Soon, every meeting I had with JC would involve him dissecting another tragedy and end in rants about our ‘evil god’. I should have been delighted, but in fact it upset me greatly and left me concerned about his mental health.
I had to travel overseas for a few weeks, and when I returned, I arranged to meet JC in our usual bar. I saw at once, he was different – the mania had gone. He cut short my small-talk and told me he needed to explain something to me, and that for once I should suspend my scepticism.
JC had been on a journey, he said, to try to understand how the God he loved could hurt good, innocent people with disease and war and climate change. How could he hurt his children like this? I waited for the ranting to begin, for JC to start cursing God and calling him evil. But instead, he turned to me with gleaming eyes and announced that he’d worked it out. “We are in Hell!” he said.
I was conciliatory in response, explaining that although it sometimes feels like Hell, it won’t always, and there is a lot of good in the world…. But he cut me off. “No, I mean we really are in Hell. I’ve worked it out. We were all bad people in a former life and now this is our punishment,” he explained. JC then went on to list his evidence for this and his various “proofs”, but I tuned out, trying to process the change in my friend’s mental state. However, I was brought rapidly back to the monologue when he began talking about killing himself. This would be the ultimate proof, he said, because “if I’m not in Hell, then my devotional sin-free life will deliver me to Heaven, via Purgatory, where I shall repent this sin. Whereas if I am correct, and I am in Hell, there will be no escape, and I will not be able to kill myself.”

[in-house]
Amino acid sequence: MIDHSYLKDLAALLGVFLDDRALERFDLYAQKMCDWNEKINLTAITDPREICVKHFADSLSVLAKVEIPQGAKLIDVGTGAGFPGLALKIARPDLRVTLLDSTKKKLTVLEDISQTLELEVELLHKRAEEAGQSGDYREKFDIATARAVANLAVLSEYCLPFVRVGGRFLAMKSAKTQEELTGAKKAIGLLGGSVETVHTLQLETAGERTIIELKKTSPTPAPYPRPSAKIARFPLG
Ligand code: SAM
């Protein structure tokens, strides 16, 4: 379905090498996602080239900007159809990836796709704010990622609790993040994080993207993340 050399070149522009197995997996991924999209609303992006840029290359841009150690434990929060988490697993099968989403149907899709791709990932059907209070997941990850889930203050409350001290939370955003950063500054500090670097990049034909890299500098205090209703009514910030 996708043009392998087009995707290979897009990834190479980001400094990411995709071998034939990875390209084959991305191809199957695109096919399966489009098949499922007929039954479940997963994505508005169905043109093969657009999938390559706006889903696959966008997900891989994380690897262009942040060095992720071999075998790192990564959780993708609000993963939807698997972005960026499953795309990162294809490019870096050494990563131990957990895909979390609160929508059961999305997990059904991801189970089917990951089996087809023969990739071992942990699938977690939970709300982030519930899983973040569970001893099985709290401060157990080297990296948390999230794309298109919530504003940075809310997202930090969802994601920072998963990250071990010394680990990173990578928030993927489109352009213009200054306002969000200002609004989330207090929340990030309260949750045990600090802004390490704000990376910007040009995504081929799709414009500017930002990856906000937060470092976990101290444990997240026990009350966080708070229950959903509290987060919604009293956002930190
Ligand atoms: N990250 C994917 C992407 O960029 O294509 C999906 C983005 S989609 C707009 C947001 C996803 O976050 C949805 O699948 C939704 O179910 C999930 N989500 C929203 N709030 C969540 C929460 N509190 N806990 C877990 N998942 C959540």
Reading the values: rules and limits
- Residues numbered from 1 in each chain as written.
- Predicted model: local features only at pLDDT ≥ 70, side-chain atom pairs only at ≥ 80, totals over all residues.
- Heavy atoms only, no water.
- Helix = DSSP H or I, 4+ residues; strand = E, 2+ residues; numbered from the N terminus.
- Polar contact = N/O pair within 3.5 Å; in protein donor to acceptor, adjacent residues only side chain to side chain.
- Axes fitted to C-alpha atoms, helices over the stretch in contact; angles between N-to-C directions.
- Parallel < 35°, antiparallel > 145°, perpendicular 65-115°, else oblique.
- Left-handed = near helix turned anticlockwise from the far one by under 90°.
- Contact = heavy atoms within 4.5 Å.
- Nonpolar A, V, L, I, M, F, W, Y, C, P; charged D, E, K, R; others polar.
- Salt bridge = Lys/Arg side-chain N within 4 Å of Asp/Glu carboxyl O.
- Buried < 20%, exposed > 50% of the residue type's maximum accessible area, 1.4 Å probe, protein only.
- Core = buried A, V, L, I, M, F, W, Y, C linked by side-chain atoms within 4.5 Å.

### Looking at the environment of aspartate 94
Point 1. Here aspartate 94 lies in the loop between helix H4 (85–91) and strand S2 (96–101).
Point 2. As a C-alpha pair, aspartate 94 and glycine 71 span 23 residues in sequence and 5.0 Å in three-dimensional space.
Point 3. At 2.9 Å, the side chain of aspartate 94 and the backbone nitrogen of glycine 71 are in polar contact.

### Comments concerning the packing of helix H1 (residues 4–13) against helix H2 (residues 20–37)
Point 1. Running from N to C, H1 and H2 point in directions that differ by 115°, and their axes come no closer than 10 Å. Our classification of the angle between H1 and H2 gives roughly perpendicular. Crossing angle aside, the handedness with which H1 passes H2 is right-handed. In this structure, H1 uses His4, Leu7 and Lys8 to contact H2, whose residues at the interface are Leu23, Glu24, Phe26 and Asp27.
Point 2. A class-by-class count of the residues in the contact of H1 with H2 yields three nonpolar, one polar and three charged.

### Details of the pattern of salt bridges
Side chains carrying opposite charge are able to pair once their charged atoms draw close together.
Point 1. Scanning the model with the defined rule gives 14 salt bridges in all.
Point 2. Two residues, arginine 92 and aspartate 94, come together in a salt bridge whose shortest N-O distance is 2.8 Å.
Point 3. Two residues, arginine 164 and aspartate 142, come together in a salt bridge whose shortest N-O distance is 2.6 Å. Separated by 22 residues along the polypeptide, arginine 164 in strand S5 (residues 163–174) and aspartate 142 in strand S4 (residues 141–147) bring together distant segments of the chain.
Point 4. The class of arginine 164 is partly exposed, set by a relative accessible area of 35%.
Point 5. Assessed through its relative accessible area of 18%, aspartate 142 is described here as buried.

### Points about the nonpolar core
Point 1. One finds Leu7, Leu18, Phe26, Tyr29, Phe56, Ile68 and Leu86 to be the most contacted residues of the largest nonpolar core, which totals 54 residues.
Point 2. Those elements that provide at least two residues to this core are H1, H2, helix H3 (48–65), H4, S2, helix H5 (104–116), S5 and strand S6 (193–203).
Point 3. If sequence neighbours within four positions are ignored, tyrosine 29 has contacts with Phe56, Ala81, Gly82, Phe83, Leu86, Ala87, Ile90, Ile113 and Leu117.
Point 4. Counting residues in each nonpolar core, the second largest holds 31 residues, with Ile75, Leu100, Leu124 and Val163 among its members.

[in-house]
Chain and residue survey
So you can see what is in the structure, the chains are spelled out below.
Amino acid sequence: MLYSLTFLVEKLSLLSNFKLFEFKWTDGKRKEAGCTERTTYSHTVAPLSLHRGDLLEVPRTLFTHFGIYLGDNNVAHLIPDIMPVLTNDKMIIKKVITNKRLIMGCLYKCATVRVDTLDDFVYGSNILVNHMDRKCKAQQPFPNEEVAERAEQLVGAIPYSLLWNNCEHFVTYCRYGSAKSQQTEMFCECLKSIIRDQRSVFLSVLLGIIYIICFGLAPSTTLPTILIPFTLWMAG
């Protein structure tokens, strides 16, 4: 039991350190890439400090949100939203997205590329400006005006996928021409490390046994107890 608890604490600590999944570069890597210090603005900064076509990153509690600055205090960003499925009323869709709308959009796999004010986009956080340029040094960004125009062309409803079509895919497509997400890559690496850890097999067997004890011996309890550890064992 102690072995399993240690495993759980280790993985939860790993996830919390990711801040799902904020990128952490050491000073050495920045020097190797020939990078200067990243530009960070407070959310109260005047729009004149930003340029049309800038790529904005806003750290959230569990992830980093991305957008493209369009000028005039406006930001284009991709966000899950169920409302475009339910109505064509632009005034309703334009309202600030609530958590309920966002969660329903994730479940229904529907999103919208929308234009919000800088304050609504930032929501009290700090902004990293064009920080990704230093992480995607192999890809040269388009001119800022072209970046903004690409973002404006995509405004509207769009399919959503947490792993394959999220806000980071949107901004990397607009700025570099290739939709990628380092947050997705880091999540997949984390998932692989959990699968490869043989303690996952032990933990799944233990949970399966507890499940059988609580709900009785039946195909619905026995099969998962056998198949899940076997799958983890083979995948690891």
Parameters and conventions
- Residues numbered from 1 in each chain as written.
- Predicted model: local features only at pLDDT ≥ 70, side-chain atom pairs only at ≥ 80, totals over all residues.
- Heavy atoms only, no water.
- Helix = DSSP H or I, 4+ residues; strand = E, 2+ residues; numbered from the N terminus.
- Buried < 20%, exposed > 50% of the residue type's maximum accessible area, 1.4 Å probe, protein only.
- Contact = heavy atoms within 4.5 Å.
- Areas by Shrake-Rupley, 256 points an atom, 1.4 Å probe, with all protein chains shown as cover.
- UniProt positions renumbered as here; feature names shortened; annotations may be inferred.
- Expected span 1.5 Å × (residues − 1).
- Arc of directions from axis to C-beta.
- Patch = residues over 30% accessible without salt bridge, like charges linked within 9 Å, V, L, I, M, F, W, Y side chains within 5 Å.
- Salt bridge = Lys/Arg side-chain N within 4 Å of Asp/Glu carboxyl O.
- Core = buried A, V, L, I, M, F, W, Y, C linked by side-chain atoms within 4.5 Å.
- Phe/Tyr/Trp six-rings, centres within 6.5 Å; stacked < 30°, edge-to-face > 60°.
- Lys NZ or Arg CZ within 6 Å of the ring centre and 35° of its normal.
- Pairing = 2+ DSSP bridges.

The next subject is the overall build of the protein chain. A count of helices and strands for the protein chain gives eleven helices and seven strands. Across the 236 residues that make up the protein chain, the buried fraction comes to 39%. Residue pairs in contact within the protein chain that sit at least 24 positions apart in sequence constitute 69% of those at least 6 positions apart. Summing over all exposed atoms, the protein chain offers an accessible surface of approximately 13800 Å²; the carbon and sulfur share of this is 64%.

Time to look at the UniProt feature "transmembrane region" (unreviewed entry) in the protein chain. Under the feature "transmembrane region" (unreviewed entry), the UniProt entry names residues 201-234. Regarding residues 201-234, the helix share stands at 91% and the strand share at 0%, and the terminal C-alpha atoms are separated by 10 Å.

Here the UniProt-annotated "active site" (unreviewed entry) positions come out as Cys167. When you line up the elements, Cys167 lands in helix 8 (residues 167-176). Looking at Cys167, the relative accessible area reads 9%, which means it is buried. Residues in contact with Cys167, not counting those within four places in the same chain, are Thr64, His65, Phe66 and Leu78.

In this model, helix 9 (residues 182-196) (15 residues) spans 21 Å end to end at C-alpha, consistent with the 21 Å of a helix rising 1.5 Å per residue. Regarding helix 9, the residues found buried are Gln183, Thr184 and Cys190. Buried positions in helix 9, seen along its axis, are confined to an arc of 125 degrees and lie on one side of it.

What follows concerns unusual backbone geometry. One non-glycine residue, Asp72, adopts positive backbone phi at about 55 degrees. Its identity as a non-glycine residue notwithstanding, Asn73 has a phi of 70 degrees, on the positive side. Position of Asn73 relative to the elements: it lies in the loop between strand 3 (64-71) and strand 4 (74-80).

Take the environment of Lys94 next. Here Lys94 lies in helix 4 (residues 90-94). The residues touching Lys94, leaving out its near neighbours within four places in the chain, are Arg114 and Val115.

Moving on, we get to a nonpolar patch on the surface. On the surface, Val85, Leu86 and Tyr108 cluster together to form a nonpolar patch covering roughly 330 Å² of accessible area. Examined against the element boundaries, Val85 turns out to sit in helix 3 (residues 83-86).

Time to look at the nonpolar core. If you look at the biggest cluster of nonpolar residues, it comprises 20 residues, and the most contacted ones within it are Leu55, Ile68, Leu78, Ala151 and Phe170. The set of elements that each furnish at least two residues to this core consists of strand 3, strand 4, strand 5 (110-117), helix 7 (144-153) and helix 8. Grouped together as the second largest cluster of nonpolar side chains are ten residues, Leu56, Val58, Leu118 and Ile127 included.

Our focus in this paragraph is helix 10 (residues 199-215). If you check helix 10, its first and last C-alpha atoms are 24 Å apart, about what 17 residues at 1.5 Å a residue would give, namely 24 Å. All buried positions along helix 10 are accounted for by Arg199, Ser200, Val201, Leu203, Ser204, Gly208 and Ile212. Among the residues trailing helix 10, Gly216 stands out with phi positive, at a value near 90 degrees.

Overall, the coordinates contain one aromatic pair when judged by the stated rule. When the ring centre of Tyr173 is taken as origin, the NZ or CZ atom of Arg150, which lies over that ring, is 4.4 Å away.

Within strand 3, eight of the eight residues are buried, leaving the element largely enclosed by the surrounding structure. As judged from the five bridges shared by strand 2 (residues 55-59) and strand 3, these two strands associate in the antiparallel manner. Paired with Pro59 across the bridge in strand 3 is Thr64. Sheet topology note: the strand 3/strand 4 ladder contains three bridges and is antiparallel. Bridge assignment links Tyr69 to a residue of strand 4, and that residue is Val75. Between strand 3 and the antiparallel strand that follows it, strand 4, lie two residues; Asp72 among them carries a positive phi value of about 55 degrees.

Suicide was my area of expertise, and I moved quickly on autopilot, rolling out all my usual phrases, but nothing worked to change his mind. The only thing I could get him to agree to was meeting me here, at his chosen place of death, to let me witness his last breath.
To my surprise, I saw him climbing up the path towards me. We embraced and he sat beside me on a chair. As I made to talk, he silenced me with a finger pressed against my lips.
“I have taken the pill already, it’s starting to act on me. Pray for my soul, while I go, please,” he said, finally.
Gaia Vince is a writer and broadcaster specialising in science, society and the environment. Her writing has been featured newspapers and magazines, including The Guardian and New Scientist, and she makes science programmes for radio and television. Her first book, Adventures In The Anthropocene, won the Royal Society Prize for Science Books in 2015. She blogs at WanderingGaia.com and tweets at @WanderingGaia.
Olivia Harris is a documentary photographer and filmmaker, based in London. She shoots documentary work with a particular interest in the changing power dynamics between women and men. She began her career as a photojournalist; initially picture editing for an online magazine, and then shooting pictures for Reuters in London and South-East Asia. She ran the Reuters pictures operation in Malaysia, and covered breaking news across the region. Her work has been exhibited around the world.